By Margie Wuebker
CARTHAGENA -- The Rev. Arnold Meiring settles into the seat of his motorized scooter and heads for the chapel in the infirmary at St. Charles Center.
Mass remains an important part of life after 65 years in the priesthood. He willingly shares the role of con-celebrant these days with other retirees, many of whom are considerably younger.
"We always had likable priests in Cranberry Prairie where I was born and in Sharpsburg where I grew up," the 90-year-old man recalls. "I considered the life of a priest to be worthwhile, and my ultimate decision came at the age of 12 or 14."
Meiring joined the Missionaries of the Precious Blood in 1928, spending his first two years at the Burkettsville Novitiate, the next four at St. Joseph College in Rensselaer, Ind., and then six at St. Charles Seminary, the same sprawling complex he now calls home.
Following ordination on April 21, 1940, he served parishes in Oklahoma, Kansas, North Dakota, Wisconsin, Louisiana, Kentucky and Ohio. He then ministered at St. Francis Catholic Church in his native Cranberry Prairie and St. Aloysius Catholic Church in Carthagena from 1979 to 1992. "My last assignment before retiring here in 1994 was associate senior pastor at Immaculate Conception Catholic Church in Celina," he says. "I've slowed down some in recent years, but you never stop being a priest."
Meiring does not need time to think when asked about the many changes he witnessed over the years. Priests once celebrated Mass in Latin. Only readings and homilies were in English. People followed along in St. Joseph Missalettes to understand the liturgy.
"Priests faced away from the people about half the time and did everything but take up collection," he says. "Altars face the congregation nowadays and lay people take an active role at Mass from giving readings to distributing communion."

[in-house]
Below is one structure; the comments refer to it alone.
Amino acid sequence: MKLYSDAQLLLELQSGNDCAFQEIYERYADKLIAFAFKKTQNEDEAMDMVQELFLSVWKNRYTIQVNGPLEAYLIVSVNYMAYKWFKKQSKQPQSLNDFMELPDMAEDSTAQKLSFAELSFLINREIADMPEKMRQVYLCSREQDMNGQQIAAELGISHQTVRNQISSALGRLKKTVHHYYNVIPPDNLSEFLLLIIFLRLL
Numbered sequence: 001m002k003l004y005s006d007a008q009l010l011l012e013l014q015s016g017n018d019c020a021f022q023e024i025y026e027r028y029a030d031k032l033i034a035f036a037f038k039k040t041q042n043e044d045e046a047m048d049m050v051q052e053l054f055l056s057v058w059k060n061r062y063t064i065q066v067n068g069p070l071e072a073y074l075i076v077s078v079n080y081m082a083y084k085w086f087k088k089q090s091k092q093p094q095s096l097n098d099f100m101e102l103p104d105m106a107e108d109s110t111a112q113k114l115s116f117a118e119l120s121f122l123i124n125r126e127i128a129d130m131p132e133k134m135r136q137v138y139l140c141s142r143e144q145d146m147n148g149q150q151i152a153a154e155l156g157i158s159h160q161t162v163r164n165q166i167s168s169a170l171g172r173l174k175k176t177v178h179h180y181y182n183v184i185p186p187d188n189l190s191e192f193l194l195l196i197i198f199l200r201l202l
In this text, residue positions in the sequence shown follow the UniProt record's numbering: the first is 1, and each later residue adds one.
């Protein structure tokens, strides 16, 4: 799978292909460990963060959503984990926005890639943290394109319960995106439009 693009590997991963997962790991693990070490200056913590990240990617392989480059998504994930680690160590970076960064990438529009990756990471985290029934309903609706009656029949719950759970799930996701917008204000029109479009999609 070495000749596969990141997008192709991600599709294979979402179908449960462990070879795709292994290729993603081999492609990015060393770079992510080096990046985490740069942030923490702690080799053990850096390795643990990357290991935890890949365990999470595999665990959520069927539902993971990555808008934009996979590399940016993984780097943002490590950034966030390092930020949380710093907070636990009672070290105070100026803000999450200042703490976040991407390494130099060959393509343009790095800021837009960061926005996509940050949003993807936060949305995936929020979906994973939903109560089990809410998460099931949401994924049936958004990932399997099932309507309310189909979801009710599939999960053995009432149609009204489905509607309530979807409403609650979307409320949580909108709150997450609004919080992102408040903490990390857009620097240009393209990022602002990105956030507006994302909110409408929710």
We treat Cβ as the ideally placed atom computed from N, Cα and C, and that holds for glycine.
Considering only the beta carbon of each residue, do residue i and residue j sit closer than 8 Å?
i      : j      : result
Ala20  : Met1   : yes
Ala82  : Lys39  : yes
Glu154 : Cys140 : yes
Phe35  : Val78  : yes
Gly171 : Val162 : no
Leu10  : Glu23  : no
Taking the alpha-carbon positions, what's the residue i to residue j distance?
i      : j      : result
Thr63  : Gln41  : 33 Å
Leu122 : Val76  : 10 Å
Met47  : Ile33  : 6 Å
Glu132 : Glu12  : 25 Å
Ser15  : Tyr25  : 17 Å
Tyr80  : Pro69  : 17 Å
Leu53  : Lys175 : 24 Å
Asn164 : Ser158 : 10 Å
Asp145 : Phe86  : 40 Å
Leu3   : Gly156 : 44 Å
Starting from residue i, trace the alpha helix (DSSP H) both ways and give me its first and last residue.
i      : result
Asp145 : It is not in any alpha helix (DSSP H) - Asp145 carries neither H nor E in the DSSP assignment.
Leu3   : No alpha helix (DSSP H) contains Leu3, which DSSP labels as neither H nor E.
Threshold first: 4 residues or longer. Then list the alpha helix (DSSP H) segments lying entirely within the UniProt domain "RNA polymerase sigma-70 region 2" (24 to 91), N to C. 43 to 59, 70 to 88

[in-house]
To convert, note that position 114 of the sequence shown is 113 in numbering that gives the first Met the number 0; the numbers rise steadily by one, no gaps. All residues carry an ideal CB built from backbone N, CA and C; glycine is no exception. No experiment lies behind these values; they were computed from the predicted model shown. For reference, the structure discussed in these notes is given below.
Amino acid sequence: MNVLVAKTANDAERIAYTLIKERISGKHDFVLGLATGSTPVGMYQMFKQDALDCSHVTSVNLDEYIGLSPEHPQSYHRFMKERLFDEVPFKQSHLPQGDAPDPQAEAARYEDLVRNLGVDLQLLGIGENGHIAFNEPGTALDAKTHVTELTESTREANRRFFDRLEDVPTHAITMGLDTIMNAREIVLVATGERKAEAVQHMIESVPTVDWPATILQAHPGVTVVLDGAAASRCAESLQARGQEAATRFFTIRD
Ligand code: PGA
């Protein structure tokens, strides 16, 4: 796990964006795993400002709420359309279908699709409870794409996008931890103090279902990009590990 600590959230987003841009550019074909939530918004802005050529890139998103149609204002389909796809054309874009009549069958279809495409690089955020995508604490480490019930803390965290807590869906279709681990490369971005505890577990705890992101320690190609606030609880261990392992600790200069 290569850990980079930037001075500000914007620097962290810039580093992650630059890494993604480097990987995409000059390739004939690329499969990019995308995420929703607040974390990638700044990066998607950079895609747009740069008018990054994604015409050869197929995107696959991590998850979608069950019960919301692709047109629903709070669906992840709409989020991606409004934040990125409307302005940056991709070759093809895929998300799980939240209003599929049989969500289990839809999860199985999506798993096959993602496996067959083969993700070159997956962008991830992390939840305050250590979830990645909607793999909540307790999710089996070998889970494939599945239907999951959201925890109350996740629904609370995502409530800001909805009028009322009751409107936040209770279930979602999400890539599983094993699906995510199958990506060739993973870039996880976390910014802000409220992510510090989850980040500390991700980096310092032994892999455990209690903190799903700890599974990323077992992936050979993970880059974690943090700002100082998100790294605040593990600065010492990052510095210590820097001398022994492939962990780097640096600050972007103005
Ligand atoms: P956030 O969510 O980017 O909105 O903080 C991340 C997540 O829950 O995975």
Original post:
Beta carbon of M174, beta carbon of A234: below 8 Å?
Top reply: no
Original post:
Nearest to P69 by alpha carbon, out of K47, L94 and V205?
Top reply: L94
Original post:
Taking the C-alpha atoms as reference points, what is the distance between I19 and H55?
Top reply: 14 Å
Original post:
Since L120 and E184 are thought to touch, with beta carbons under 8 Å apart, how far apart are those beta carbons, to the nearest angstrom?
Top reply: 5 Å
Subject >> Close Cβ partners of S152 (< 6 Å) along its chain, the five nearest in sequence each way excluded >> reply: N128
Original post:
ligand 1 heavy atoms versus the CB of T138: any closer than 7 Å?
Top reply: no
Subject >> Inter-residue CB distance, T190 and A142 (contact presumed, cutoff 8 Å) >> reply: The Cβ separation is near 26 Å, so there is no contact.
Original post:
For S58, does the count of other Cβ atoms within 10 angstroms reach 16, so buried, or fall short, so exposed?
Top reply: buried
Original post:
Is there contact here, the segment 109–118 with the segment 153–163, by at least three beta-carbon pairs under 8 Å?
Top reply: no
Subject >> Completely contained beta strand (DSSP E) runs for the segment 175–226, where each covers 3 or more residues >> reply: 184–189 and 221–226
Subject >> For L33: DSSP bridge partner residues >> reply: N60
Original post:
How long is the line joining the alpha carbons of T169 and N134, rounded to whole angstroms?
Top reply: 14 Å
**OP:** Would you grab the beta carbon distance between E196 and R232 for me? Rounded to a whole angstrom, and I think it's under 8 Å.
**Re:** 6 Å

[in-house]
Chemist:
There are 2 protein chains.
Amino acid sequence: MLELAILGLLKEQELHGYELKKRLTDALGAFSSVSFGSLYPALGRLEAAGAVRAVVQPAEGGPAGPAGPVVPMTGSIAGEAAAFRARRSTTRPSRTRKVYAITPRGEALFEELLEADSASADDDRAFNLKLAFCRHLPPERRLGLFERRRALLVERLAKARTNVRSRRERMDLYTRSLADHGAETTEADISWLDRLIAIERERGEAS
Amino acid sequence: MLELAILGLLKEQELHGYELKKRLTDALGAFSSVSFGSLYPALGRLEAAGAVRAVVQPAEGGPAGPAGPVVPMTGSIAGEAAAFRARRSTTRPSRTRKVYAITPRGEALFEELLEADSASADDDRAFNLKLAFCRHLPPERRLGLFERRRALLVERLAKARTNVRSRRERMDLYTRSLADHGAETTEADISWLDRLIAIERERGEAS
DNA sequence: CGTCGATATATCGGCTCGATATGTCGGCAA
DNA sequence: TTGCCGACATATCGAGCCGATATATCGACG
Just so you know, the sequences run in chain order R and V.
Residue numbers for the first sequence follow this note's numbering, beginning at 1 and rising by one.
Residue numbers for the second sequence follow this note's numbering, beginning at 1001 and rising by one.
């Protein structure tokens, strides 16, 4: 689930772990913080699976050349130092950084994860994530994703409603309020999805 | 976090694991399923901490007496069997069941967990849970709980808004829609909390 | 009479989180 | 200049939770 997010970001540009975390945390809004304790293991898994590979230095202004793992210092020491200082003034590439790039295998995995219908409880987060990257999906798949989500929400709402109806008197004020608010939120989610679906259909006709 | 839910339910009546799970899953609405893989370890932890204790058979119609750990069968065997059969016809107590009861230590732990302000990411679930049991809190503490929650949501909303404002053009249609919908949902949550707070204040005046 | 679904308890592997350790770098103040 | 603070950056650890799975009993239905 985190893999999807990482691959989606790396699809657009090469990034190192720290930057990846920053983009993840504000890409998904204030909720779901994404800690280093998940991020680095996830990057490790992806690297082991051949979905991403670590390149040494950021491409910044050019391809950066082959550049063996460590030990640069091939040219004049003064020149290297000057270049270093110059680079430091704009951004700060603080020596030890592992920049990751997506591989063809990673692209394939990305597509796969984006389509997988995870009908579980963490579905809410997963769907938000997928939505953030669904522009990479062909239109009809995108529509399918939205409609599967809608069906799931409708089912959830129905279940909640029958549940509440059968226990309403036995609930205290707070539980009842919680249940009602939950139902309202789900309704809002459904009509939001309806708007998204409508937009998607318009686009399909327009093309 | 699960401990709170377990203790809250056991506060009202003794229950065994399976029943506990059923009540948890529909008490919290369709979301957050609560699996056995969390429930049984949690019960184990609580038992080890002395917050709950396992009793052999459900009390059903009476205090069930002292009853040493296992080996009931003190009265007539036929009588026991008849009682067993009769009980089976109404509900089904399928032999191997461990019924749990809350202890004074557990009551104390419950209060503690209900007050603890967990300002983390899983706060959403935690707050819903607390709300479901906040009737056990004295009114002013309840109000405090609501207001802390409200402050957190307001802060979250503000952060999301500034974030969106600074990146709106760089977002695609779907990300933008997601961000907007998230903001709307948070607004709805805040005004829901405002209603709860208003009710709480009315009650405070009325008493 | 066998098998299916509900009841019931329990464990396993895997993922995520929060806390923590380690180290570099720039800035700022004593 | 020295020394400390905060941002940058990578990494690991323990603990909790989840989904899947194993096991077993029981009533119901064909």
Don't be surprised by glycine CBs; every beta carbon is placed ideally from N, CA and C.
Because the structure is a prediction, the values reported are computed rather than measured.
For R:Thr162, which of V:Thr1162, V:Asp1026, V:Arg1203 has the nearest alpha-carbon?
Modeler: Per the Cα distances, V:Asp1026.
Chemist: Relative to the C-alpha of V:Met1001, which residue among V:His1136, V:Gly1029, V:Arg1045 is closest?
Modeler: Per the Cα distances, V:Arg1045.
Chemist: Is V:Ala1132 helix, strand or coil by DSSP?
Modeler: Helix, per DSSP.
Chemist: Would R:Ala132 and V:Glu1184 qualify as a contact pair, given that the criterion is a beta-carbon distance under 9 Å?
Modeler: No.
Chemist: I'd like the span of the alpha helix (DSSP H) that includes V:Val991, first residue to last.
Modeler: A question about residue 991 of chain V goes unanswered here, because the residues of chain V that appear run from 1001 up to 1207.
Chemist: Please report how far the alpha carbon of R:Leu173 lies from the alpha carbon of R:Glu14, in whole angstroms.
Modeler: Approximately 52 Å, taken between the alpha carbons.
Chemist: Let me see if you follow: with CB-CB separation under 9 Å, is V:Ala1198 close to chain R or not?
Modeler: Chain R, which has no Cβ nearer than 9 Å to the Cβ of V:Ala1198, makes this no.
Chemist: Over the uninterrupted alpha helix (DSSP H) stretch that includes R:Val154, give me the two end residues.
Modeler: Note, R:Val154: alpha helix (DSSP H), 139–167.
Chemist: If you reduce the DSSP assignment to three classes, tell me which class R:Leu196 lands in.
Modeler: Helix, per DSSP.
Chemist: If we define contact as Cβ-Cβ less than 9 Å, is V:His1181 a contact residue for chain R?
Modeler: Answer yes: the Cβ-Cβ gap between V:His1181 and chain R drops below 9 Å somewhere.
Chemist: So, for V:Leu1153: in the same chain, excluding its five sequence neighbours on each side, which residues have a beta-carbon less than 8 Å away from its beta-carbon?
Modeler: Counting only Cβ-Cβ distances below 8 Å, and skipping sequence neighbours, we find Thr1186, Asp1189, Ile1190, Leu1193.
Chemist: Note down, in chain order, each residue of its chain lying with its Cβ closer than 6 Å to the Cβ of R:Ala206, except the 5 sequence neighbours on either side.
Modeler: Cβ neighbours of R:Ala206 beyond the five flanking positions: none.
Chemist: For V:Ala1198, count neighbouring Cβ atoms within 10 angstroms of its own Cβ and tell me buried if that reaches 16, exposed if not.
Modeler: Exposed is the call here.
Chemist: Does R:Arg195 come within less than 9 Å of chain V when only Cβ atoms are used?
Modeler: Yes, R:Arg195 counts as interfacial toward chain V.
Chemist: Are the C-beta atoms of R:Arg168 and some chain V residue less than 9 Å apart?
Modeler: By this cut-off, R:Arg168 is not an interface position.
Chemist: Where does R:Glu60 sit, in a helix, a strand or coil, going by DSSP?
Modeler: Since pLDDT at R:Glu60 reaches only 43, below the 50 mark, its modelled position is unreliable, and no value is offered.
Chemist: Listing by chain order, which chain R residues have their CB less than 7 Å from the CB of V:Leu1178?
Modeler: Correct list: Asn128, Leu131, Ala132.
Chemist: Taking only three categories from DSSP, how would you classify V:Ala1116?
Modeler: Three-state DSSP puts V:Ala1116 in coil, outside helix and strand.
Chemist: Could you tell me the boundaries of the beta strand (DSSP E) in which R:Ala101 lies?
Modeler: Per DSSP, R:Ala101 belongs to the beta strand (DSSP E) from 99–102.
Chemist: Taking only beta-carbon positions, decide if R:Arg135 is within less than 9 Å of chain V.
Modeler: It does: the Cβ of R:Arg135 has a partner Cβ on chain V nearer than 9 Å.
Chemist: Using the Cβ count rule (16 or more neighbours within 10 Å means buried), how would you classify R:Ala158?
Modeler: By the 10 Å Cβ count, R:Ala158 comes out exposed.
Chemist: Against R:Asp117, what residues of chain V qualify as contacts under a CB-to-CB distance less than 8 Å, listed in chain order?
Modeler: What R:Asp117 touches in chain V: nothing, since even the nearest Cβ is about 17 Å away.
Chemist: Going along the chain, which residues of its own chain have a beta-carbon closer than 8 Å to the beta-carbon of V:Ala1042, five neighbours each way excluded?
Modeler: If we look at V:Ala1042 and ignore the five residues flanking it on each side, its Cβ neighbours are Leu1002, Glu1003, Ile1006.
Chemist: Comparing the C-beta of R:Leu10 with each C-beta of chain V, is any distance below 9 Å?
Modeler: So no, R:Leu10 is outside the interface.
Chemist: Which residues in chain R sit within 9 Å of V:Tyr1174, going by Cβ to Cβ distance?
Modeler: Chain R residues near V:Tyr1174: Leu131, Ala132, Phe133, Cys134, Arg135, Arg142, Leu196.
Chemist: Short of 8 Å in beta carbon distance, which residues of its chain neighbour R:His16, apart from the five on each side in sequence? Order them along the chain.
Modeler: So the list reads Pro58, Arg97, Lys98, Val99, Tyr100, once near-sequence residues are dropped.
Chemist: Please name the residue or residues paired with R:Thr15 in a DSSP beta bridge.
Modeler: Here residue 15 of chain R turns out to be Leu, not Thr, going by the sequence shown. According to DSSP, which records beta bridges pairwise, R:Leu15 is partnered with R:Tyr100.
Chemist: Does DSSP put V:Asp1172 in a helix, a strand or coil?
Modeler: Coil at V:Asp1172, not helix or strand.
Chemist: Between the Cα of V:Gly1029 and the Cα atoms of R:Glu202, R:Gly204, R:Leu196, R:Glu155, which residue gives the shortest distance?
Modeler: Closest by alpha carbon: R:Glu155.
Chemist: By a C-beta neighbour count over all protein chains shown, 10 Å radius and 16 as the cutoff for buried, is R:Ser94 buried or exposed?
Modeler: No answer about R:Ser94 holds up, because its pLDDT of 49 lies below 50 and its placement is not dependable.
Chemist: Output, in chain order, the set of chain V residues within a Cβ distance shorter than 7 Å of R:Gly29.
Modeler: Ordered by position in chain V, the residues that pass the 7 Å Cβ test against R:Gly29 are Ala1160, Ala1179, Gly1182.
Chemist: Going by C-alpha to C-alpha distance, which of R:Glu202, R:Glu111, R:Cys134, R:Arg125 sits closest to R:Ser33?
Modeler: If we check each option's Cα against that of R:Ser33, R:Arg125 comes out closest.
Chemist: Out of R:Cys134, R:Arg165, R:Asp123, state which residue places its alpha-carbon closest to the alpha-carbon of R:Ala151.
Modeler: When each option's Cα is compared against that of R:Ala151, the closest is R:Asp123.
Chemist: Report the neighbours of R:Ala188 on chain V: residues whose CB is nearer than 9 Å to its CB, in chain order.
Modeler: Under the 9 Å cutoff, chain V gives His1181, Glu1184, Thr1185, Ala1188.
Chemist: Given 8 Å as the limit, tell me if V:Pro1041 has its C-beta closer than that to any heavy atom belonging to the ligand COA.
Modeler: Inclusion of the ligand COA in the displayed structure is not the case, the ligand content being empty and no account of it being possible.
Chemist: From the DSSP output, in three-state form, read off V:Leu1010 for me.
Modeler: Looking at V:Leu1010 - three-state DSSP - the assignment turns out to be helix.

Meiring recalls a time when the term "priest shortage" was nonexistent. Larger congregations in the area often had as many as three pastors in residence.
"Priests began to leave the order in the 1960s and 1970s," he says. "Candidates for annual ordination dropped from 18 and 20 to fewer than five. The seminary here closed because numbers did not warrant bringing in professors. We are beginning to see a slight increase in terms of religious vocations, particularly in the area of college educated men with established careers."
Meiring enjoys reminiscing about the days he spent as a seminarian. St. Charles was a bustling place in those days with more than a hundred students, numerous professors and dozens of nuns who did the cooking, cleaning and laundry.
Students awakened at 6 a.m. in order to dress and be in the main chapel for 6:30 Mass followed by breakfast. Classes commenced at 8 a.m. and continued until 11:45 a.m.
"We headed to the chapel for the Angelus, Scripture readings and private prayer," he says. "We ate lunch at noon and then did chores. I enjoyed working in the large garden where we raised everything from onions to strawberries for the kitchen. It took a lot of food back then, with the milk, eggs and meat coming from the farm."
Classes resumed at 2 in the afternoon with the evening meal served at 6, free time until 7:30 devotions and then studies until bedtime at 10.
Sunday was reserved for morning Mass, afternoon and evening devotions and family visits. Seminarians and staff gathered around radios for Jack Benny and evening talk shows featuring Father Charles Couglin.
Meiring especially enjoyed preparing homilies and giving instructions to people interested in joining the Catholic church. He had his own philosophy when it came to delivering sermons.
"I always looked over heads instead of establishing eye contact," he admits with a chuckle. "There was always one or two in every congregation who would make a face in hopes of interrupting my flow."
Meiring gave up swimming and golfing in recent years, although trophies in his room attest to meritorious performances at the Mercer County Elks Club course and priest golf tournaments in Dayton. He still enjoys daily Mass, light exercise, quiet reflection and visiting with fellow retirees.
"God called me to the priesthood many years ago," he says. "And now I am awaiting his next call."